Making an IMPACT in Charlottesville

May 5, 2016

More than 1000 people from 27 congregations came together Tuesday for the 10th annual Nehemiah Action Assembly hosted by IMPACT. Each year the group chooses a social issue affecting the greater Charlottesville community and devises an action plan to tackle the problem. As WMRA’s Sefe Emokpae reports, this year’s focus was on drug and alcohol abuse recovery in women and care for the elderly.

It was a full house at the annual IMPACT meeting in Charlottesville. IMPACT, which stands for Interfaith Movement Promoting Action by Congregations Together, is an organization made up of members who have made it their mission to tackle social issues in the community and seek change. Daniel Xisto is Vice-President.

DANIEL XISTO: This annual meeting is the largest public meeting in Charlottesville, it happens once a year and it’s the culmination of all of our efforts.

Throughout the year, members research a problem and seek out help from the decision makers within the community to address the issue in a specific way.

XISTO: We asked the city and county if they would help with a residential treatment facility for women because none exist and all six of them said yes.

Several members of Charlottesville City Council and the Albemarle County Board of Supervisors promised to support the allocation of $75,000 to the construction of a new treatment center for women battling alcohol and substance abuse. Liz Emrey is co-pastor of New Beginnings Christian Community and co-chair of IMPACT’s strategy team for the residential treatment center for women. She says women are often denied residential treatment and the nearest facility is more than 70 miles away.

LIZ EMREY: Often there’s not a single bed available in the entire state for women who need substance abuse treatment. And so they either commit suicide or go on drinking and drugging until they reach the end of the line, and this is of critical importance especially because this drug treatment center for women will help with their children because they can have two children under the age of five with them. We have a treatment center here for men but nothing at all for women so it’s a matter of justice not just mercy.

Emrey’s co-chair Janie Pudhorodsky says helping these women stay closer to home can only benefit the community as a whole.

JANIE PUDHORODSKY: Having the women remain in the community they’ll be able to be connected with other service. There’ll be job training services available, they’ll have transportation services available. Previously, if they wanted residential treatment thy had to go to either Lynchburg or Culpeper and that made it so much more difficult coming back into the community because they’re not connected with those things that they need to be.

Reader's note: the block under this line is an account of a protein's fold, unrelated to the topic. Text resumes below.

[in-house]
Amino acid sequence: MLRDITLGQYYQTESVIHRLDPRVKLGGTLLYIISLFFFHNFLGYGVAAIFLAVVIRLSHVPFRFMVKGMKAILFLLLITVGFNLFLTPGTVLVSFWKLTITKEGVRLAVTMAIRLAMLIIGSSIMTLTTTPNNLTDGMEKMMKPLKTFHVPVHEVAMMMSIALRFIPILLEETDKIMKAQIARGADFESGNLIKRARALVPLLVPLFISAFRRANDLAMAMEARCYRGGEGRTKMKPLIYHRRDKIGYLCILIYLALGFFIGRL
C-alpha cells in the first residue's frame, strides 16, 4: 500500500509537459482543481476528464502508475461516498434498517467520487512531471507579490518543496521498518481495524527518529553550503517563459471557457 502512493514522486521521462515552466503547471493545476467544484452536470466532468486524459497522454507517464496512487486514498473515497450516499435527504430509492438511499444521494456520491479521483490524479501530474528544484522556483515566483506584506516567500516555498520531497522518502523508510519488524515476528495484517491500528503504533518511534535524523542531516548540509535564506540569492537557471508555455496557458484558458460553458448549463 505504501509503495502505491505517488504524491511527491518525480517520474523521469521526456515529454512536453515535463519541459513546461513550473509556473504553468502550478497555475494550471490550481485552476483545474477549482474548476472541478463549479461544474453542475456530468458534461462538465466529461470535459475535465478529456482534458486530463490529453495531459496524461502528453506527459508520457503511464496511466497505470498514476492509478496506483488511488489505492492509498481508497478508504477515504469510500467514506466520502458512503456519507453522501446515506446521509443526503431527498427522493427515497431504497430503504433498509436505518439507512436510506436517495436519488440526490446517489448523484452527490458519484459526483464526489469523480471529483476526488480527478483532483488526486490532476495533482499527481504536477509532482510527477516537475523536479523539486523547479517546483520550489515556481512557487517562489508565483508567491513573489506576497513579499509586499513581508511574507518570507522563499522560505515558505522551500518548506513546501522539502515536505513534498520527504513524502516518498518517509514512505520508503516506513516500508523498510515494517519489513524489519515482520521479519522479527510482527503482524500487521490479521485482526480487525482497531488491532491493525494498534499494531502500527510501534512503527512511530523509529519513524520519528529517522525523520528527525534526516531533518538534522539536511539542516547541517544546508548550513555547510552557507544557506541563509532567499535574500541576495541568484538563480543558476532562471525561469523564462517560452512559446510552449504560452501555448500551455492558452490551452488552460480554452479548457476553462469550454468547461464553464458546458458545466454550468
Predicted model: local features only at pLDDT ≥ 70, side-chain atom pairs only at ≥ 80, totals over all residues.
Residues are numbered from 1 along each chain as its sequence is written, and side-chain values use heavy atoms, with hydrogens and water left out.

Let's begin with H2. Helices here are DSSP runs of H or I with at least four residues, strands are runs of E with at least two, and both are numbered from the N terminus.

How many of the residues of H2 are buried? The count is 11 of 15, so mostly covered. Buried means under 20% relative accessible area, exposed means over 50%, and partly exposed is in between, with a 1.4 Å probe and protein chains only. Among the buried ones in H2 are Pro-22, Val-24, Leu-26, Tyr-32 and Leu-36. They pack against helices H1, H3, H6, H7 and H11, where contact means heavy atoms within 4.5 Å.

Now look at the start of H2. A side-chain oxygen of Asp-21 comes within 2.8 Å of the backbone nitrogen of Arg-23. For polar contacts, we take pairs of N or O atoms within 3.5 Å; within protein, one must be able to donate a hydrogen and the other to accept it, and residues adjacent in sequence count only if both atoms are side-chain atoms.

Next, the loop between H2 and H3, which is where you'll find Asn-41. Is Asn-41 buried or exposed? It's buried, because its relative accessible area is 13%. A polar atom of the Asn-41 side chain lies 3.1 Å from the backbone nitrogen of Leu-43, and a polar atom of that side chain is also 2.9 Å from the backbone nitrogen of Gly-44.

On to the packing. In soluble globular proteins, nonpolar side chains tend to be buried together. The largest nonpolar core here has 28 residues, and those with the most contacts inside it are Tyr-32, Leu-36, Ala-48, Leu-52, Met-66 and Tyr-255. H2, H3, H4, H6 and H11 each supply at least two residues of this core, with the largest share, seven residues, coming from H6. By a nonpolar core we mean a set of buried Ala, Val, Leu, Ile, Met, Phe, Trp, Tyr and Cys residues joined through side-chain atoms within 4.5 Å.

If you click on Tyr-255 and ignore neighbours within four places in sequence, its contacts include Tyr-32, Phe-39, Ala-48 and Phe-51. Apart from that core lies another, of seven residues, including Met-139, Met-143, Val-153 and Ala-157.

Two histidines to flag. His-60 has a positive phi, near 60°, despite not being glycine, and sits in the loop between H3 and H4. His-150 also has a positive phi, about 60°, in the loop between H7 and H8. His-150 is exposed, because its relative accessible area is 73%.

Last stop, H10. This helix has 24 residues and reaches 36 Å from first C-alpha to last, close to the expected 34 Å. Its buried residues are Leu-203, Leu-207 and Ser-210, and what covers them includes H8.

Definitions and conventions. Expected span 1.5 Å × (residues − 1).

In addition to the residential rehab center, IMPACT members have also made it their mission to improve the quality and cost of elder care in Charlottesville.

Vikki Bravo is on IMPACT’s elder care research committee.

VIKKI BRAVO: The supports and services available as people age in the long term are too expensive. Whether it’s services at home or in a residential setting. The cost of long term care is one and a half times the average income of people over 65 in our area.

She says caring for the elderly is not just a concern for older people.

BRAVO: It has many impacts on their families who are put in the position of having to take care of them but probably also needing to work and so they’re stuck because they don’t have a way to give adequate care to their parents. So it affects the working community it affects families of seniors, it affects all of us.

Chip Sanders is also on the elder care committee. He says although there’s no concrete plan in place right now, the goal is to get the conversation started.

CHIP SANDERS: One of the things we discovered in our research visits is that information was missing on the elderly that are able eligible but not being served or have other issues. So what we’re asking is that the agencies that specifically deal with aging issues in our community work together, coordinate their efforts, seek out the data that’s needed to define the problem and then develop a plan to approach a solution.

IMPACT leaders say the group will continue to work together to create change for people in Charlottesville and surrounding areas no matter race, gender or religion.